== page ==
AKU agrees to establish Hospital and Medical College In Hyderabad
The Aga Khan University (AKU) Board has agreed in principle to a proposal of Commissioner Hyderabad to establish Aga Khan Hospital and a Medical College at Hyderabad.
The board agreed to establish the hospital and medical college during a meeting held here a few days back.
The Commissioner Hyderabad Muhammad Abbas Baloch was instrumental in convincing the Aga Khan University (AKU) Board to agree on opening of AKU Hospital and Medical College at Hyderabad Following which, the AKU delegation visited some areas of Hyderabad to identify the land for the establishment of the hospital and college.
Commissioner Baloch, who accompanied the AKU Board delegation during land identifying visit, directed the revenue officials to facilitate the AKU Board for the acquisition of land for the project.
Baloch said that by establishing the hospital and college in Hyderabad, modern, better and improved health facilities will be provided to the people of the region.
The AKU Board already runs a Maternity Hospital located at Jamshoro Road Hyderabad near Rajputana Hospital. The Maternity Hospital was established in the early 1990s. It is also expected that the proposed AKU Hospital and Medical College would be established in the vicinity of existing Aga Khan Maternity Hospital.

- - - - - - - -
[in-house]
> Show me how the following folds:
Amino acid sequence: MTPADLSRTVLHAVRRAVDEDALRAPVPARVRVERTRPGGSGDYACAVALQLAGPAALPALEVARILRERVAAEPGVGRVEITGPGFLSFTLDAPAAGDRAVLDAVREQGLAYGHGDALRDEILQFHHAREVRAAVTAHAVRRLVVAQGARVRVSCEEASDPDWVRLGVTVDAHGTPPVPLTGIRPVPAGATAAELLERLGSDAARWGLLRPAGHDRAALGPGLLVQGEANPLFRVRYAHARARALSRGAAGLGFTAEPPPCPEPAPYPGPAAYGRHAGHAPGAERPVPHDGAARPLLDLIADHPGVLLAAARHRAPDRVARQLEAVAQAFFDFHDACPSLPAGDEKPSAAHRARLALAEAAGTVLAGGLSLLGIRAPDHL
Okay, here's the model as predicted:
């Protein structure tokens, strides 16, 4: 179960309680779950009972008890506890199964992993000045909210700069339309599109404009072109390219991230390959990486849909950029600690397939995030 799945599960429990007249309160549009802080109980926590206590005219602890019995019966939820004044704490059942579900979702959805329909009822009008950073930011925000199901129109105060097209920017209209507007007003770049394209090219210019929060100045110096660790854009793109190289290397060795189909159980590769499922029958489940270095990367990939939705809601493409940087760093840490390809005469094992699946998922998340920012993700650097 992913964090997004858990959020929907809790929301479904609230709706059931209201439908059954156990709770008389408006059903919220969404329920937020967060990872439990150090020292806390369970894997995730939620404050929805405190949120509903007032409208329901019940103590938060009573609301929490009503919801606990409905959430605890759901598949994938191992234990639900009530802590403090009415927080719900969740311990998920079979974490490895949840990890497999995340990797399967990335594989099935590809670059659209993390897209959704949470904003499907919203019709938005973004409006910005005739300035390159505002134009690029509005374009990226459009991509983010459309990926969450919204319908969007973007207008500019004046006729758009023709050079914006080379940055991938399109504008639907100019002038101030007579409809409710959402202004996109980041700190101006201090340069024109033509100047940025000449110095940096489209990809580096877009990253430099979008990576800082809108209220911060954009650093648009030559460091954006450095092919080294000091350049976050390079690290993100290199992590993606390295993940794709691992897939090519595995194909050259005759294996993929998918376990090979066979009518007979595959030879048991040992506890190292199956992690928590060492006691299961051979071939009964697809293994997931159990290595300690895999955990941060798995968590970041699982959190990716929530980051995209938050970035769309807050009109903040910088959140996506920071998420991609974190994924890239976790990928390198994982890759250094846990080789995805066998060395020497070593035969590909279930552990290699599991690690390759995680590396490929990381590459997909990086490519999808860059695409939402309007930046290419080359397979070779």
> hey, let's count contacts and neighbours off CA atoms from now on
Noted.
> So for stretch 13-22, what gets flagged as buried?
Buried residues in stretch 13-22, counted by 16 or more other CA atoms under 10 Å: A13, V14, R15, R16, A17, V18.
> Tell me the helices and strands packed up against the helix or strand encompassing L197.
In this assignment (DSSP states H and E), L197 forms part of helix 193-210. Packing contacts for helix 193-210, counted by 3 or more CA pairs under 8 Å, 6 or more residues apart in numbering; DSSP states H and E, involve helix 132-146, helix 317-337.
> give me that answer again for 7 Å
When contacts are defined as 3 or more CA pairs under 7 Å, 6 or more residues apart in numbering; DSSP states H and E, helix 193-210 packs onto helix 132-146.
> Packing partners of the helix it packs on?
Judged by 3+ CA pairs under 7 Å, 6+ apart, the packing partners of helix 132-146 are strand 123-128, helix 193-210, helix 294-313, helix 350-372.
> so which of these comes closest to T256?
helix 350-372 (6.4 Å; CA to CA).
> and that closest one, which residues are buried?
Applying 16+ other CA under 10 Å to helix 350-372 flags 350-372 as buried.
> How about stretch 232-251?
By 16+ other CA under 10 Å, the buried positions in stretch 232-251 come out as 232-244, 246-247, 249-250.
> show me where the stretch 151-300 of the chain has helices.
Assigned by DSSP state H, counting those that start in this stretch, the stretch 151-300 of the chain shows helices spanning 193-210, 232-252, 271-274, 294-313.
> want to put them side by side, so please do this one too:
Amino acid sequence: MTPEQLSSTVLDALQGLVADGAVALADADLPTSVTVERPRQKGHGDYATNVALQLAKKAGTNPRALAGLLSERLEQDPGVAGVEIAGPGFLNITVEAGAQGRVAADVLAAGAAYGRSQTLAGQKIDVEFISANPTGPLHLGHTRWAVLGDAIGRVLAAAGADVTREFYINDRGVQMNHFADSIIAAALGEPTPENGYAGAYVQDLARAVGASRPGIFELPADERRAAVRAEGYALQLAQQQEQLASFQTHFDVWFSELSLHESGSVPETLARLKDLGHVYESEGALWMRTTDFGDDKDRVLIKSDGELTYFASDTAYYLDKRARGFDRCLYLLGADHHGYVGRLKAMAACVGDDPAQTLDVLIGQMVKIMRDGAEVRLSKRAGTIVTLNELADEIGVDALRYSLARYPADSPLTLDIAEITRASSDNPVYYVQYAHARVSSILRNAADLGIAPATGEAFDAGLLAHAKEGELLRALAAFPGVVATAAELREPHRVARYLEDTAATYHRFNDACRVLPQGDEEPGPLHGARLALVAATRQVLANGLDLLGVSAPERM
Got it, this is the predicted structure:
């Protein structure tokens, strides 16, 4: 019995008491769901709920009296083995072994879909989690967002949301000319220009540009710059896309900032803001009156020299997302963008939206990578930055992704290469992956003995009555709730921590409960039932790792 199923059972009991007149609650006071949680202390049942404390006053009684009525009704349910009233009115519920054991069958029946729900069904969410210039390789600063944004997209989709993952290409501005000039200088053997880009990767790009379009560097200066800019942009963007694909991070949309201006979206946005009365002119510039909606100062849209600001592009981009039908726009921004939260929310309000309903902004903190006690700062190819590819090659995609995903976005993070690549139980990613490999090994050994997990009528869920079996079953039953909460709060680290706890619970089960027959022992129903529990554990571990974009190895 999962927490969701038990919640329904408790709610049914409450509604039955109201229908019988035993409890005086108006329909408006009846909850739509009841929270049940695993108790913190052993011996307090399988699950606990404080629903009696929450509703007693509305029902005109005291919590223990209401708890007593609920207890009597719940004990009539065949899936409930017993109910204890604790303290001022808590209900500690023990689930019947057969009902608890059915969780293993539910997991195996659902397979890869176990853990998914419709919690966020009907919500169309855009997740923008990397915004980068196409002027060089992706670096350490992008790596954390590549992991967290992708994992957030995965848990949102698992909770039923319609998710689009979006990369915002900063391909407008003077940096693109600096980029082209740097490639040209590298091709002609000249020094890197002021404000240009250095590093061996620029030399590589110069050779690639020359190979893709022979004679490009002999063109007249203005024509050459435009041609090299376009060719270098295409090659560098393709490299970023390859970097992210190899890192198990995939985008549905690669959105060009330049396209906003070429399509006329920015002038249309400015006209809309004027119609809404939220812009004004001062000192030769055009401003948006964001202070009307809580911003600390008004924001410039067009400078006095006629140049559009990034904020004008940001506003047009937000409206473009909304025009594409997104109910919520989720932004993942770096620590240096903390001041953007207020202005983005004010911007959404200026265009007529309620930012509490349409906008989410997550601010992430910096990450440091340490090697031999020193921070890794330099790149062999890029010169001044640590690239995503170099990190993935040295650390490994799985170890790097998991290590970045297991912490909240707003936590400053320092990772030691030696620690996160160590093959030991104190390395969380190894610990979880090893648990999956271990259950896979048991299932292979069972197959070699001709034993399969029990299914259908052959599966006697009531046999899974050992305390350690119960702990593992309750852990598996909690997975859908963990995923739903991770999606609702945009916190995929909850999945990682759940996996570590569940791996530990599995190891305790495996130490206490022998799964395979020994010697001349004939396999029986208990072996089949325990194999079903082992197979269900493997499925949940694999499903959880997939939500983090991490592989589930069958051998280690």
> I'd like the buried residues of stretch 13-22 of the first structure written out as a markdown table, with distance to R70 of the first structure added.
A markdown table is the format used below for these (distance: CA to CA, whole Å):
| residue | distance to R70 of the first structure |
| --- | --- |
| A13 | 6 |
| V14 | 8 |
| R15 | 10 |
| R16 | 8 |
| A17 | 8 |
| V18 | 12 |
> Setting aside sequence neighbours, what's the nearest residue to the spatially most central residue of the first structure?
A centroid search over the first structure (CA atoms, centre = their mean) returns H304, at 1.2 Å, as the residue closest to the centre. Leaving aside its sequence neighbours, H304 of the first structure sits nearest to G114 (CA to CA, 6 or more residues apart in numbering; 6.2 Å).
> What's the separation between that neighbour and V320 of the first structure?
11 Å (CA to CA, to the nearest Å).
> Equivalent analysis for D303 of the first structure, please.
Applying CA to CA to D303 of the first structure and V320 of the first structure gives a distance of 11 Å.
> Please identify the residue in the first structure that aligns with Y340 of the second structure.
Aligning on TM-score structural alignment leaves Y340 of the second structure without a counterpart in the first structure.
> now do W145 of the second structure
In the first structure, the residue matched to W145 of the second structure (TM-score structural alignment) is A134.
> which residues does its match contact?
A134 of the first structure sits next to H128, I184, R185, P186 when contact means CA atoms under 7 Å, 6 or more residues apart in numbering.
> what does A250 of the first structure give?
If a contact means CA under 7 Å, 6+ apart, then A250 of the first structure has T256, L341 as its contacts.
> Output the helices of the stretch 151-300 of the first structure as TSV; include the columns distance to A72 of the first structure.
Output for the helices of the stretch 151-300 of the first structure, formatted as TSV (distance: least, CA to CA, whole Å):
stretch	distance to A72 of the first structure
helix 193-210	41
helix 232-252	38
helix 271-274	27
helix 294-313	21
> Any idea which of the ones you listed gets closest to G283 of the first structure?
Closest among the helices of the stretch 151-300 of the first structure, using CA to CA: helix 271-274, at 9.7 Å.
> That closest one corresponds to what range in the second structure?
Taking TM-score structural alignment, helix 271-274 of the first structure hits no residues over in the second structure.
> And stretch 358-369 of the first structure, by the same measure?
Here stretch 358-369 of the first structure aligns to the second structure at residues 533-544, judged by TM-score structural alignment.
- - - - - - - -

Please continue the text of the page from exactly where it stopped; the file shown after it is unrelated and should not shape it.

Mawlana Hazar Imam to address first AKU Global Convocation
In his capacity as Chancellor of the Aga Khan University, Mawlana Hazar Imam will deliver an address at the University’s first ever global convocation on 22 May 2021. The special virtual ceremony will bring together AKU’s graduating classes in Kenya, Pakistan, Tanzania, Uganda, and the UK, for a unique celebration of knowledge and learning.
Chief Guest Melinda French Gates will also deliver remarks at the event. Melinda is a philanthropist, businesswoman, and global advocate for women and girls. As co-chair and trustee of the Bill & Melinda Gates Foundation, her work has led her to increasingly focus on gender equity as a path to meaningful change.
The virtual ceremony will feature a multi-campus cohort of 667 AKU graduands who will be recognised for their academic achievements and for continuing a long-standing tradition of pursuing educational excellence, and joining a growing community of alumni in the process.